When Santana released Zebop! in April 1981, they'd spent several years dabbling in more fusion-leaning sounds. That meant the group largely disappeared from the charts. Carlos Santana hadn't had a Top 20 single in 10 years – a dry spell that dated back to 1971's "Everybody's Everything."

"Winning" changed all of that. A No. 17 U.S. hit sung by Alex Ligertwood, the song was very much in keeping with the general tone of Zebop!, which settled into a more commercial sound. Only a few tracks (notably "American Gypsy" and "E Papa Re") focused on Santana's now-familiar Latin-inspired flavors. Instead, the album was stuffed with other radio-friendly fare like "The Sensitive Kind."

Zebop! became Santana's first Top 10 U.S. album since 1976's Amigo, and just their second since 1972's Caravanserai, which featured the last remnants of the band's heralded classic-era lineup. Not that it started out that way. "Winning" was the third single pulled from the project, but neither "Changes" nor "Searchin'" charted. But something clicked with their update of the Russ Ballard-written pop-rock tune.

Strangely enough, Ligertwood – who had only just begun the first of several stints in Santana, joining in 1979 after time spent with the Jeff Beck Group – had a connection back to Santana's original sound. "The ironic part was, I was living in Woodstock when I got the call – and Santana is famous for Woodstock," Ligertwood recalled in 2011. But Santana, after leaving an increasingly unhappy apprenticeship under guru Sri Chinmoy, was ready to reemerge in the mainstream.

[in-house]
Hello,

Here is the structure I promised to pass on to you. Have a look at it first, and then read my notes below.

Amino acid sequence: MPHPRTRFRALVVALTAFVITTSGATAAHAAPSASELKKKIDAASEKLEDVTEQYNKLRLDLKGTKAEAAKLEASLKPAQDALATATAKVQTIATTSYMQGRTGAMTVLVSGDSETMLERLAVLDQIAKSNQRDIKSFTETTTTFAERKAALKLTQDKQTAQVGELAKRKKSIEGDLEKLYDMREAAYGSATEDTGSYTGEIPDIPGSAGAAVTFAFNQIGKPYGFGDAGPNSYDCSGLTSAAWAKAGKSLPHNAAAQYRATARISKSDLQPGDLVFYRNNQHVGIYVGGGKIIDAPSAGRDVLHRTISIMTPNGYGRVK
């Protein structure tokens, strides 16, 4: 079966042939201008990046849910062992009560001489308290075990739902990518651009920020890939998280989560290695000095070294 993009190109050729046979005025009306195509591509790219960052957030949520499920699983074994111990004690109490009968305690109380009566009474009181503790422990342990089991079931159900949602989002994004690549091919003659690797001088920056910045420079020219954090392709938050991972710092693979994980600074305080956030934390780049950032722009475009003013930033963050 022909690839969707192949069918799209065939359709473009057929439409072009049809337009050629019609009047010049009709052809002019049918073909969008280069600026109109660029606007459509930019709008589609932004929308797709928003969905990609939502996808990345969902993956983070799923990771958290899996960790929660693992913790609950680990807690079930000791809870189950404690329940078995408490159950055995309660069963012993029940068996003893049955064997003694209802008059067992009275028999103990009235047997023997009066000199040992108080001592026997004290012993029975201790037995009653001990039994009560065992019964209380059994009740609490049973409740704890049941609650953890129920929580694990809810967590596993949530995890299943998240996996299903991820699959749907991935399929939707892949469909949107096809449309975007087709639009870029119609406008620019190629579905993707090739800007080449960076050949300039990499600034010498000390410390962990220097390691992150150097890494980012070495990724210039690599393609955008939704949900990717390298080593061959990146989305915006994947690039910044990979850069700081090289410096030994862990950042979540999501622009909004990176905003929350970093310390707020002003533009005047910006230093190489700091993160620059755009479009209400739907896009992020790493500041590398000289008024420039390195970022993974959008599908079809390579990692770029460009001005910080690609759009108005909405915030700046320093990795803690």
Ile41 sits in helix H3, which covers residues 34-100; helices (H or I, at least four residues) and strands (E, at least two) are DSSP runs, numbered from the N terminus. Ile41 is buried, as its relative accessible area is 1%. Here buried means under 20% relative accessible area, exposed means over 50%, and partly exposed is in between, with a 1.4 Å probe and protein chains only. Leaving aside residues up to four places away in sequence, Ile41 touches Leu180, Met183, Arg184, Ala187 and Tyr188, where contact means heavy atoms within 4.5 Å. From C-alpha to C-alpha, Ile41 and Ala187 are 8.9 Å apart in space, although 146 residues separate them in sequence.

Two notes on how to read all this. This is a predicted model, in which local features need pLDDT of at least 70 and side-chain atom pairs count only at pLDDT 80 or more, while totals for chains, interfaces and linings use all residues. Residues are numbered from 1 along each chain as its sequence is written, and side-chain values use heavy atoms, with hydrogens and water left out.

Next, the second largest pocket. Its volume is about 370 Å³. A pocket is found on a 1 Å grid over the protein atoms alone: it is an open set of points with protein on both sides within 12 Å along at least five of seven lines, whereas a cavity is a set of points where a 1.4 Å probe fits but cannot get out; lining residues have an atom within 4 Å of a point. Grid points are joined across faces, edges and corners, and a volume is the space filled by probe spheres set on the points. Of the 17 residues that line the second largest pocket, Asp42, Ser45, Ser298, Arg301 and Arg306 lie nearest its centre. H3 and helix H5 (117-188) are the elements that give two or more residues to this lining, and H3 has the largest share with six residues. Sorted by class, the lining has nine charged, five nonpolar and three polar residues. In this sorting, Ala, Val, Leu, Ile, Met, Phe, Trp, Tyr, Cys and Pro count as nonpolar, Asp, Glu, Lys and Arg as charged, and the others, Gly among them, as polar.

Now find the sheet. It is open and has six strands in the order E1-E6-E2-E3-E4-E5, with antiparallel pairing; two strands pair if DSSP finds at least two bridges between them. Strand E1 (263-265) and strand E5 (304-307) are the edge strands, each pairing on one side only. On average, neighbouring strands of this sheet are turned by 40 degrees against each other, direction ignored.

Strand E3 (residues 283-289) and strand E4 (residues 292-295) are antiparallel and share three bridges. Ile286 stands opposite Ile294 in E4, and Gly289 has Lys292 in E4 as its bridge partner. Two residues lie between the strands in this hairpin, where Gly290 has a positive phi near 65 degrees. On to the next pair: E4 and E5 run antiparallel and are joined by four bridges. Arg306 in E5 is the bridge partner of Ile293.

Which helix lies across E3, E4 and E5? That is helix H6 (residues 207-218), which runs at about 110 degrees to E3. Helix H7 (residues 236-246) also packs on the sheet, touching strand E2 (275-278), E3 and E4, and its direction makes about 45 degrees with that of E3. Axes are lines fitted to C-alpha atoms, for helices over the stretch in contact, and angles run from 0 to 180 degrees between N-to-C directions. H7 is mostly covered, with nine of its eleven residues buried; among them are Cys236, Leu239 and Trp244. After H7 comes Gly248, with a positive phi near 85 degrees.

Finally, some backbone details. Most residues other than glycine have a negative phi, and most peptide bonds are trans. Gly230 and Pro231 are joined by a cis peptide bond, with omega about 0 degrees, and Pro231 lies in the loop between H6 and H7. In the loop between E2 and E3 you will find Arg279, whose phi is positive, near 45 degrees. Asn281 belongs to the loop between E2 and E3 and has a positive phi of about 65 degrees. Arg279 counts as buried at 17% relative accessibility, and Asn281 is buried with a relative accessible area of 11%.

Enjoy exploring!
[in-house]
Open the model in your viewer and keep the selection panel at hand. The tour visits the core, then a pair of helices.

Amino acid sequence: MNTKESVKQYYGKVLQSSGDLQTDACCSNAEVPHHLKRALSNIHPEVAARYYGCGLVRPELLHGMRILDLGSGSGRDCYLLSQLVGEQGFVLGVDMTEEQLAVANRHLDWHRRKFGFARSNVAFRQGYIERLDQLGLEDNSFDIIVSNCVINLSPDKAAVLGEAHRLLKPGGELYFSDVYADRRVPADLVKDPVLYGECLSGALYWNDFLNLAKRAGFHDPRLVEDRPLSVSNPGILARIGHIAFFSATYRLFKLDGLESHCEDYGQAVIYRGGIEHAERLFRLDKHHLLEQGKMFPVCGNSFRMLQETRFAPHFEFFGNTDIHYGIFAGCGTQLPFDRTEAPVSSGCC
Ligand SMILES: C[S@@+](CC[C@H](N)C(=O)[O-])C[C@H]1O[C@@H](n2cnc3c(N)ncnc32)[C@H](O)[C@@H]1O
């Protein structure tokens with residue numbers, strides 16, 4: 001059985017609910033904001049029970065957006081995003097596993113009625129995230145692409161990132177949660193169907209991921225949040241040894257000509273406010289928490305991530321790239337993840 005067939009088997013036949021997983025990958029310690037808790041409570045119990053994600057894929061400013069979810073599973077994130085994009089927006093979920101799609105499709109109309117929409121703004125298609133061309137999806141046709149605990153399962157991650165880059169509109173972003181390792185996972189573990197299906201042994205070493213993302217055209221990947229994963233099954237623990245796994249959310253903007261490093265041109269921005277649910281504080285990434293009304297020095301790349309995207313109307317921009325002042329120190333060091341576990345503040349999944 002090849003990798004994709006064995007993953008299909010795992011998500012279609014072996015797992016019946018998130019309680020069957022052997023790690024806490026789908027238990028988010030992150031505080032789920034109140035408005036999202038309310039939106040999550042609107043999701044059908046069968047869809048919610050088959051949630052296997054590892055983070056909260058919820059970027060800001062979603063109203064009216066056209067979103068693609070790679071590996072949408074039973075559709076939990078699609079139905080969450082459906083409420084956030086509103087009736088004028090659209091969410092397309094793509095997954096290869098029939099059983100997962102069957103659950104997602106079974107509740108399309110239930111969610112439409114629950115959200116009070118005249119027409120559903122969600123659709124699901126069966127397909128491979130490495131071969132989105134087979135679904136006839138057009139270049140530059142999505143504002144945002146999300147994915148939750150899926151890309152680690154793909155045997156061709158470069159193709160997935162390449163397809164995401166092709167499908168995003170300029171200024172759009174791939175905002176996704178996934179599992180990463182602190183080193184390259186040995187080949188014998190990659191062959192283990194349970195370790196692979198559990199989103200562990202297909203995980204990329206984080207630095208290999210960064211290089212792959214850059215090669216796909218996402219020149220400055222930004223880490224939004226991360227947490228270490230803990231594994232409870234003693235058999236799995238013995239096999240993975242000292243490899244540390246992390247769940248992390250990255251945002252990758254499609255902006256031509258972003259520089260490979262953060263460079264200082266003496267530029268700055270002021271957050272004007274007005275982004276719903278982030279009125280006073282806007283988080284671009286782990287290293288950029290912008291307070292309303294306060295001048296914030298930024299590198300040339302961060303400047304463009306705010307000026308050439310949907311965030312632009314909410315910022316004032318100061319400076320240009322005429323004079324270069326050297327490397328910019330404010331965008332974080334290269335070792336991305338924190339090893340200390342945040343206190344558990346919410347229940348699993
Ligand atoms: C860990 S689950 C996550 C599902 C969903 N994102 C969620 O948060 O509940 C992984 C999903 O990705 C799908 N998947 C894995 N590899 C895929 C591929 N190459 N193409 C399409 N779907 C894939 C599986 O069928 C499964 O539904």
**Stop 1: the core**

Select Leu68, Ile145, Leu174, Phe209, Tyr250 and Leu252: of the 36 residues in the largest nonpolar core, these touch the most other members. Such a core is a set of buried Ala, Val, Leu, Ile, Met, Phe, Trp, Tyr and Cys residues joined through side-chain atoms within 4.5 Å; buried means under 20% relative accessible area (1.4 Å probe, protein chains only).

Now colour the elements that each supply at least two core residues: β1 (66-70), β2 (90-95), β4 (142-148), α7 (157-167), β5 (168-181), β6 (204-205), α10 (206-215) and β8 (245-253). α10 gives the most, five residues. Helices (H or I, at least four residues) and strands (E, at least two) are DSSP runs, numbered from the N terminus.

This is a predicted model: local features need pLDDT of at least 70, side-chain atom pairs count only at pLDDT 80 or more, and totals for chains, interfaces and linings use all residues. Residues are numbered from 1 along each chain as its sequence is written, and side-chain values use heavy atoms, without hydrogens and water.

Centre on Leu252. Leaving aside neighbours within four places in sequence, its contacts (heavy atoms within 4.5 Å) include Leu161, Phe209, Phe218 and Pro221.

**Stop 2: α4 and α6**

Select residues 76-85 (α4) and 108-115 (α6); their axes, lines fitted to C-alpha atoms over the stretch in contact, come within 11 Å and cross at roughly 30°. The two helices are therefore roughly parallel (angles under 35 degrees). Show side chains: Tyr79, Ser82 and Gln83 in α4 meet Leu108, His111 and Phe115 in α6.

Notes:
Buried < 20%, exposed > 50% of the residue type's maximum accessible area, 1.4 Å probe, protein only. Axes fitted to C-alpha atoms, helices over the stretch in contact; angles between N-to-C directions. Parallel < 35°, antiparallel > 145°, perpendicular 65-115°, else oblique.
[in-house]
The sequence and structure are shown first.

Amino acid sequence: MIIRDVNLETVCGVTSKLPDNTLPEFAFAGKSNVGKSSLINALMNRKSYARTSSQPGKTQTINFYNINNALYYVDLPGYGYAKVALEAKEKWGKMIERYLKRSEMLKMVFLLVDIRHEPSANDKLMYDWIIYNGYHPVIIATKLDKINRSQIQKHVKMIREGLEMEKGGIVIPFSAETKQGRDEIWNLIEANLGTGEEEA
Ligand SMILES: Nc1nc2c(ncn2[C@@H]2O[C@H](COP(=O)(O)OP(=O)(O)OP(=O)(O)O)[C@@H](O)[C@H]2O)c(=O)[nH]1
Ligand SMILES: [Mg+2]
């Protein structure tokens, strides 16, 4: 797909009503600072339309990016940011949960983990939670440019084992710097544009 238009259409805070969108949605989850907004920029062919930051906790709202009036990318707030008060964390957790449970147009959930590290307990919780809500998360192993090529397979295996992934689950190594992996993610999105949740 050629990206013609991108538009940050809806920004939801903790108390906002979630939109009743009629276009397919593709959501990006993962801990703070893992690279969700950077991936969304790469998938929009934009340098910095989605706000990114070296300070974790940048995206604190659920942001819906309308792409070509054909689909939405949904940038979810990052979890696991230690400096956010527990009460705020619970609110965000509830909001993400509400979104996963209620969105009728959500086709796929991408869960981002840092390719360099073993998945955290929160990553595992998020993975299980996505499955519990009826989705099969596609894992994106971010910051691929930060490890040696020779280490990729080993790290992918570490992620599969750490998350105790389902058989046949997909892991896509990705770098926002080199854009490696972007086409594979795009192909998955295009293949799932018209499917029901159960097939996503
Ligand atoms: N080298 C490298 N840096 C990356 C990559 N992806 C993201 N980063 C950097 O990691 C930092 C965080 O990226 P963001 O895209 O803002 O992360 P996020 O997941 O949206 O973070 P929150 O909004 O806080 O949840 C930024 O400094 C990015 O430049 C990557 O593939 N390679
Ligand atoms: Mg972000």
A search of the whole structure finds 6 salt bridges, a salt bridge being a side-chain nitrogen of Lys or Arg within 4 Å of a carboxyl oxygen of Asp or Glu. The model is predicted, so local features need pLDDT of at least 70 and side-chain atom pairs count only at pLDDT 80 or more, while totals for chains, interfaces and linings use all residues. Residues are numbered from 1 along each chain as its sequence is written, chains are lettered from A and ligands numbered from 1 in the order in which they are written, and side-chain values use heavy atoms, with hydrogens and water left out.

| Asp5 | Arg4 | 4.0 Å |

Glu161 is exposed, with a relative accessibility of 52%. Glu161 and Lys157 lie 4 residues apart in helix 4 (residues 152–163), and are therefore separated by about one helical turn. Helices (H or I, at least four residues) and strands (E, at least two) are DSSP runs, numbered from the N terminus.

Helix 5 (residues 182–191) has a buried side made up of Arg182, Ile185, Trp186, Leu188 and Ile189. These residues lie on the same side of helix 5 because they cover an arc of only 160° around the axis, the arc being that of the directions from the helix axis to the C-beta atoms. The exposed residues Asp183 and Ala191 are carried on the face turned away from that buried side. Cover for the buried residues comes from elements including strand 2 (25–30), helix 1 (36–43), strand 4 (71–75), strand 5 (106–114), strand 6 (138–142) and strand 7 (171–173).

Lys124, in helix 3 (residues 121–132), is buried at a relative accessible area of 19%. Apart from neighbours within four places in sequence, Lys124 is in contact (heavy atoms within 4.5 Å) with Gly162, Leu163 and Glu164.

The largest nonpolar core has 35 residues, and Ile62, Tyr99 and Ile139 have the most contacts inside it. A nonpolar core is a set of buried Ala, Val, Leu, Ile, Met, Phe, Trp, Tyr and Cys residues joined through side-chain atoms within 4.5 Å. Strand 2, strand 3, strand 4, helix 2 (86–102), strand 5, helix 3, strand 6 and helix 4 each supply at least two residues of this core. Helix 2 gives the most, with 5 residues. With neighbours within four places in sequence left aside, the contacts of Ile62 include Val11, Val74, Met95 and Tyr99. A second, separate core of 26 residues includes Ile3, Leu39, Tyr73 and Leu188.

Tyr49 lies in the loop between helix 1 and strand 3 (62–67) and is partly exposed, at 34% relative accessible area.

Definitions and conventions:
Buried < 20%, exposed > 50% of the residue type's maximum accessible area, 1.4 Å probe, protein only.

"We know that by going in a certain direction, we'll lose people," Santana told the Daily Register in 1982. "But that's all right, because you can gain knowledge and fulfillment in stretching out and pushing the audience. Once I fulfill that side, then I want to do back and see new faces, see the new energy that the kids bring out. So then we consciously play material that is more accessible for the kids."

Unfortunately, Santana would have to take his next musical adventure without a key figure from the past, and Santana's career seemed to go off track again. Zebop! marked Santana's final producing collaboration with Bill Graham, a figure who had meant so much to the band since its inception.

Santana endured a long string of disappointing chart finishes, failing to touch the Top 40 again until 1999's guest-packed comeback album Supernatural. By then, however, Graham had long since passed. "The last one he produced was Zebop," Santana later lamented. "I like it when Bill and I just produce, because it’s different."

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